While many gardeners buy pots and pots of annuals at the local market garden, others prefer perennials because of their variety and beauty year after year. I will talk about my favorites.
There are a few simple rules to follow.
- Start! A perennial garden evolves over a period of time. If you don’t like the location of a plant, you can dig it up and move it. In every article I read in garden magazines on beautiful perennial gardens, the gardener starts small and by a process of trial and error, his or her garden evolves into a place of beauty.
- Perennials thrive best in soil that is deep, well-drained, with lots of compost.
- Research each perennial and determine how large it will become and leave enough space for it to grow. Before the perennial reaches its final size, plant annuals in the bare dirt around the perennial.
- Research blooming times and locate your plants so that one or more perennials are blooming in each area throughout the gardening year. Some perennials bloom early, others late.
- Make sure the perennials you buy are for Zone 3.
Here are a few suggestions from my experience. There are many more perennials for our Zone 3.
- Poppies and Forget-Me-Nots sprout from last year’s seeds and will soon overwhelm your flower garden if you to not thin them quickly. However, they are among the first flowers to bloom. Bees love poppies.
- Elephant ears are large-leafed plants that grow anywhere. They spread, so you must continually confine them. A minimum space allocation should be at least three feet.
- Pasque flowers are one of the earliest bloomers. They come in red, white, and blue flowers. They can spread up to three feet.
- Lady Slipper, a native flower, produces yellow flowers shaped as lady’s slippers. Give it 24 inches of space.
Mid Summer Bloomers
- Coral Bells produce small red bell-shaped flowers that last and last. They are slow growers but need a space of 18 inches.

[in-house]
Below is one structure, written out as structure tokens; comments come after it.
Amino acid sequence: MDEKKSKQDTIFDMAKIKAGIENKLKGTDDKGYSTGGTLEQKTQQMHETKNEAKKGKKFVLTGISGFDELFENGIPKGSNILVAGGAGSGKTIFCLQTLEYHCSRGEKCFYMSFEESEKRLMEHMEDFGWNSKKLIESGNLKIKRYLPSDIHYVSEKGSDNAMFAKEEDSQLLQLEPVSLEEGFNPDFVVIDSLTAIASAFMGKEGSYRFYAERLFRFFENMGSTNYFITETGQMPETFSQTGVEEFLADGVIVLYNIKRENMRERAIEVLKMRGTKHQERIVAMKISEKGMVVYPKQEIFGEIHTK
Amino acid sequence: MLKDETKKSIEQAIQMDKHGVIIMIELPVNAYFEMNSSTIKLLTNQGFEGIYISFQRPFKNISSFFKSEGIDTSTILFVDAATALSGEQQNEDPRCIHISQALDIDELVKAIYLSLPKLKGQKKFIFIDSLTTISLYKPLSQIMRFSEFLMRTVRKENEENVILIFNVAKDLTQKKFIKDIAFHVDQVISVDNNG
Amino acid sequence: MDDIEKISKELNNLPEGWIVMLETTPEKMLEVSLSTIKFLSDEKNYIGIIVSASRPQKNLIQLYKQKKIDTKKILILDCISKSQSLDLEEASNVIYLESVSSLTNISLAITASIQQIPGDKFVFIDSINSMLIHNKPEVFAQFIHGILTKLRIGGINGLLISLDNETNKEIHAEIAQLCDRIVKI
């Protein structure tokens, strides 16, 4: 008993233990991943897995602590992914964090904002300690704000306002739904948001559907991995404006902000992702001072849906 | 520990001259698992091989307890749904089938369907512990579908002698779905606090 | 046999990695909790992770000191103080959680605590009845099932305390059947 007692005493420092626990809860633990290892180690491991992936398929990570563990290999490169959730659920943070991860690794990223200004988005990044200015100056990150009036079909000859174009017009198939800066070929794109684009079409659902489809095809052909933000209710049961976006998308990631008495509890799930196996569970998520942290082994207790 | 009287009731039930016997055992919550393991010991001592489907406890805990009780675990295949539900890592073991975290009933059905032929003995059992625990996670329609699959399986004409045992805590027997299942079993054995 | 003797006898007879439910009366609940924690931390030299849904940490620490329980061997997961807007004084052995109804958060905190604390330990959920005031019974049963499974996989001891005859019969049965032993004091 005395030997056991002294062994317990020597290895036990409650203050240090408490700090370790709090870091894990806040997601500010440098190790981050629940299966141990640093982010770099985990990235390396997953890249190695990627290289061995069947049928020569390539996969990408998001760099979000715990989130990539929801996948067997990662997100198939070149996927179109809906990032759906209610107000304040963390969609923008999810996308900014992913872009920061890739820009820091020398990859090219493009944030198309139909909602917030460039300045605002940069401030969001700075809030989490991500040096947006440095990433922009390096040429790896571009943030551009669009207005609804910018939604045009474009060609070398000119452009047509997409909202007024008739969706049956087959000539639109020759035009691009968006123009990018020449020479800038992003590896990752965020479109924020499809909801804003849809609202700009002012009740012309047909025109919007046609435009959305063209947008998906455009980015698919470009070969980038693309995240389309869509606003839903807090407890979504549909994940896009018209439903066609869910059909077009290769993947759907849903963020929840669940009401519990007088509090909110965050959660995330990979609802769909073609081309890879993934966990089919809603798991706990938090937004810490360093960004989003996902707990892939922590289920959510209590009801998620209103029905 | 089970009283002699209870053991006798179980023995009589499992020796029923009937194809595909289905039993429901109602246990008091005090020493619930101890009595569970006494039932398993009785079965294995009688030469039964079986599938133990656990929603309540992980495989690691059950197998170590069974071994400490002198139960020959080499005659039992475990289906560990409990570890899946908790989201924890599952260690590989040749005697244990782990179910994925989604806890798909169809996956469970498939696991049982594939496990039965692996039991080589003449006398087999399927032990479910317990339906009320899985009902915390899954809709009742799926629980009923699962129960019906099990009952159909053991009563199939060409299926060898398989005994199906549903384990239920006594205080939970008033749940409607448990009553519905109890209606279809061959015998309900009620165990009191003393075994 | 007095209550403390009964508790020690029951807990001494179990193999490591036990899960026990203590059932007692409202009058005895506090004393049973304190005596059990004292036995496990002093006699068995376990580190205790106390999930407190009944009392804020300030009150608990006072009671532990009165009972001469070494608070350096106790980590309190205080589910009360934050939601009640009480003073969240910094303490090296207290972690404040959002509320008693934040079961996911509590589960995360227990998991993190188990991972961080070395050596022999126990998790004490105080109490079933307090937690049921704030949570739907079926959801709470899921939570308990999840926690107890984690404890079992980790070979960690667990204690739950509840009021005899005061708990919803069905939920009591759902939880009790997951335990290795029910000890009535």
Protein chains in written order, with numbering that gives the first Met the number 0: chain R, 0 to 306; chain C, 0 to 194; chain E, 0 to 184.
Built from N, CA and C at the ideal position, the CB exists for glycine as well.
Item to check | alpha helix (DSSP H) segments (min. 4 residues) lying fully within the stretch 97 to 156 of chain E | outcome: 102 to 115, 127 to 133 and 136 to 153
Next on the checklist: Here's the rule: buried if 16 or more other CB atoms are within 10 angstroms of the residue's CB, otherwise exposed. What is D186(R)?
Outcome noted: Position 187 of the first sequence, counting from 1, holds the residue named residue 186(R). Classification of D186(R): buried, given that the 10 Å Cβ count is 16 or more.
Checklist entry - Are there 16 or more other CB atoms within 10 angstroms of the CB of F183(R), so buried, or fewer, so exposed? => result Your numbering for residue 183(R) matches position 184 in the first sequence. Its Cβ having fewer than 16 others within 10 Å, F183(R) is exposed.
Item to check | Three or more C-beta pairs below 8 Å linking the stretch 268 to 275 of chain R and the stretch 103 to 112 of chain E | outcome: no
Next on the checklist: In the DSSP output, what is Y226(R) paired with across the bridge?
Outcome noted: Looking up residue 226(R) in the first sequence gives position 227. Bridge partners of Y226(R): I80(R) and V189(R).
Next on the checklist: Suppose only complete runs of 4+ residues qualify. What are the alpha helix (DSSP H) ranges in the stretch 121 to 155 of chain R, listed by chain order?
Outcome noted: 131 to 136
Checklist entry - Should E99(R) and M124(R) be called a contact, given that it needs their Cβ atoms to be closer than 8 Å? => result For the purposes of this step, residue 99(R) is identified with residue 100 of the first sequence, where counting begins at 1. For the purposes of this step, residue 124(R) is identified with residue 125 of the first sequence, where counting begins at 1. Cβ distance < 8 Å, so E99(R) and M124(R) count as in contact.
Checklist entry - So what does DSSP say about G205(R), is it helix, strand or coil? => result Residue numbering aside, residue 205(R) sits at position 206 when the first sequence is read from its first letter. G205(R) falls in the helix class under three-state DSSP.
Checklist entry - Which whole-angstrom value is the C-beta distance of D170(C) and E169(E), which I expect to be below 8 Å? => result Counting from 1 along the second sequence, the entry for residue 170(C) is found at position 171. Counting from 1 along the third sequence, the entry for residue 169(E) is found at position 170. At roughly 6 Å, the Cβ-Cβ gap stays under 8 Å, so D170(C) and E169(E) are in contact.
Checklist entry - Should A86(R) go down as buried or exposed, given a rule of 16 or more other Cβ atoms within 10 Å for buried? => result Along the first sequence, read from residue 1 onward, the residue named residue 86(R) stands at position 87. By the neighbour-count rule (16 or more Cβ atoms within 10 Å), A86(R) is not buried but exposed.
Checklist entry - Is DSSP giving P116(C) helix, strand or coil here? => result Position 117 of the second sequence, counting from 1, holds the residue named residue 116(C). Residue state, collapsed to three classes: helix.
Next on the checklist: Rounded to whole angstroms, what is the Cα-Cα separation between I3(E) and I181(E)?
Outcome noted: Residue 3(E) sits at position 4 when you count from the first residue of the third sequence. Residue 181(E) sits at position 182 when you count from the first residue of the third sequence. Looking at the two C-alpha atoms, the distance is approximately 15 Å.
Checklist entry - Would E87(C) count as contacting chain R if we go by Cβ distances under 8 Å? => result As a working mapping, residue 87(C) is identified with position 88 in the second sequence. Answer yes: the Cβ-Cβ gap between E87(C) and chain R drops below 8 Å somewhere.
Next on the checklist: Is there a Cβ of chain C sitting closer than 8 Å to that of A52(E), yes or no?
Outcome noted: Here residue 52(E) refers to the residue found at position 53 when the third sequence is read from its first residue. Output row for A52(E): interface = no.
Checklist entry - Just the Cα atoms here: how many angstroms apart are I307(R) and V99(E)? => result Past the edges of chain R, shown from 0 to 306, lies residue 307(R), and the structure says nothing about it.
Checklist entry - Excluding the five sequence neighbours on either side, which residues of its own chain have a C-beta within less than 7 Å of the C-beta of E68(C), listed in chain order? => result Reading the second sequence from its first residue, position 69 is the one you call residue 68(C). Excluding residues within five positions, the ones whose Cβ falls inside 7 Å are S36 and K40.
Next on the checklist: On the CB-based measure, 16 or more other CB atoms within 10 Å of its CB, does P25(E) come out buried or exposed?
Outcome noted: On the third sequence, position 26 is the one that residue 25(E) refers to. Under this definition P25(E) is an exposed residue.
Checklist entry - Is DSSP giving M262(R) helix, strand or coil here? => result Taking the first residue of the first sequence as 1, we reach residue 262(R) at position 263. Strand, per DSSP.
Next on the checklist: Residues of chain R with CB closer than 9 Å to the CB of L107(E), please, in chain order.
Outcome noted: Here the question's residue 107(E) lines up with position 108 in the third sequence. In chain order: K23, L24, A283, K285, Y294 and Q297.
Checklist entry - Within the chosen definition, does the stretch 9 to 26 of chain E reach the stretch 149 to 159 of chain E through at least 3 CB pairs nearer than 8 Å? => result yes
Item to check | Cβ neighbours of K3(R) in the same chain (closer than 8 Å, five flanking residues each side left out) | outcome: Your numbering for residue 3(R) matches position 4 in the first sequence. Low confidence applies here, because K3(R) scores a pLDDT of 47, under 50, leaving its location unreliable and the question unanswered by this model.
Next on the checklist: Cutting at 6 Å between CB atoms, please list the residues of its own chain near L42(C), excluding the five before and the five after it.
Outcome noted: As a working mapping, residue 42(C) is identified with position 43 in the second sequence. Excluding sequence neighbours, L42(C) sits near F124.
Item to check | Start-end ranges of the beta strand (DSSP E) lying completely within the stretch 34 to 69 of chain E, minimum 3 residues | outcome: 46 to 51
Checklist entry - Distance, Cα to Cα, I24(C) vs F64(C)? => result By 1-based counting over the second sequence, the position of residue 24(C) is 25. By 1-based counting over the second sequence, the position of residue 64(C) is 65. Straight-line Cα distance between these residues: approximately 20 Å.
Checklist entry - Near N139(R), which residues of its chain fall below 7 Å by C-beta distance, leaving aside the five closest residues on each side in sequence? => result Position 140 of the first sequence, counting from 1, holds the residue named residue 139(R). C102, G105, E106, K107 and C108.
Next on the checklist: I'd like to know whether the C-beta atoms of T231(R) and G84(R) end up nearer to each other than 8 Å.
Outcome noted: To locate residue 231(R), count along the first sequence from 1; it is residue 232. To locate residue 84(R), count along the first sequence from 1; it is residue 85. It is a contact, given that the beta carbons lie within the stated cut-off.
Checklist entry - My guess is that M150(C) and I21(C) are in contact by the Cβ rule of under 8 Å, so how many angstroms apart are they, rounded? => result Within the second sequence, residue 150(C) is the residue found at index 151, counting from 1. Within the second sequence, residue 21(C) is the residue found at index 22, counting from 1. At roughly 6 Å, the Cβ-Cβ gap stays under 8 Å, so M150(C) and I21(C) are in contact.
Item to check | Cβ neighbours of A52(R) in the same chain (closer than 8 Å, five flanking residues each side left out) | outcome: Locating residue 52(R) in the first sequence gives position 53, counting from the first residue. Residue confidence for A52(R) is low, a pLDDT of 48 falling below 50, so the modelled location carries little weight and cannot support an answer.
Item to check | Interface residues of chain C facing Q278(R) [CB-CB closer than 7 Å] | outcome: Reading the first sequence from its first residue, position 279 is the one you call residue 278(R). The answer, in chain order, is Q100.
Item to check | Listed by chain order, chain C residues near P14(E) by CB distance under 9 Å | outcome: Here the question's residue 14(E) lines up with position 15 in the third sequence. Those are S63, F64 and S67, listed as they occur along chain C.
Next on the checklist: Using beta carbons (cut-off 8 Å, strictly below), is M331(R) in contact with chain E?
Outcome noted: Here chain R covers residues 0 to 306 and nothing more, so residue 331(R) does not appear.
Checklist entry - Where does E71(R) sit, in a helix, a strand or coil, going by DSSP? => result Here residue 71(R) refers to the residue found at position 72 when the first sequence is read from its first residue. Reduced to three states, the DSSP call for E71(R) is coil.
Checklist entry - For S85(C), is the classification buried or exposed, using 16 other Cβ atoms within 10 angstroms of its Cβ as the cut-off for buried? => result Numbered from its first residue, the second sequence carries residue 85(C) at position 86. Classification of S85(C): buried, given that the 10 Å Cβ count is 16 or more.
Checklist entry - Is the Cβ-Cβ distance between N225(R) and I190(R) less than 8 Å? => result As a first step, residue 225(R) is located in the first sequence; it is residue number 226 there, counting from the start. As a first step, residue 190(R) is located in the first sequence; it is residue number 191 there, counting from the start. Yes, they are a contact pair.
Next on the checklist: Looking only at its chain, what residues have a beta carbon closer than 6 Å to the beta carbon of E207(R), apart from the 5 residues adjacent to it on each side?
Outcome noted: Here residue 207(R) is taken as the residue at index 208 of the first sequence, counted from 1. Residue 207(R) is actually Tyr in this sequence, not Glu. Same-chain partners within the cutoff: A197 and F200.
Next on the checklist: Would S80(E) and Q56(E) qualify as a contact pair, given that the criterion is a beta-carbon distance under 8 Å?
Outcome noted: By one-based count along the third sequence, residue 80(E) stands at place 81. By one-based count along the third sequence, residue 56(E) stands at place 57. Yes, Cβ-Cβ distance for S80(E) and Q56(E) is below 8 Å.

- Delphiniums are tall plants producing a variety of shades of blue flowers. They are susceptible to worms that eat flower and leaf buds. As soon as you see damage, spray with Bt or Spinosad.
- Fire Weed is a native plant that grows up to four feet tall, with a mass of small pink flowers that bees love. Provide three feet of space.
- Hostas come in many varieties and are known for their interesting leaves. They flower in midsummer. They take up an area of 2 to 3 feet.
- The flowers are short-lived but beautiful. As they tend to become overgrown, be prepared to divide them every three or four years, limiting them to a diameter of about two feet.
- Lilies come in many varieties and colors. The red lily beetle can completely destroy a clump of lilies. It can be controlled with Ambush sprayed on the bulbs as they just emerge in the spring. Spray every two days for up to 5 weeks. Provide up to two feet of space.
- Maltese Cross stands up to four feet, with small red flowers. Provide at least 18 inches of space.
- Ohio Buckeye produces a creamy white flower that lasts for a decent interval. While it looks somewhat like a bush, cut it down it down in the fall; it will grow up in the spring. It will need a space of up to three feet.
- Peonies produce beautiful, but short-lasting flowers, in many colors. They need a space of about three feet.
Late Summer Bloomers
- Cone Flowers come in a variety of colors with lasting blooms, occupying a space of up to 18 inches.
- Monkshood tolerates some shade and flowers late in the summer. It needs a space of at least 30 inches.
- Some native plants such as Goldenrod and Aster are fall bloomers.
These are many other perennial flowers that you can grow in a Zone 3 garden.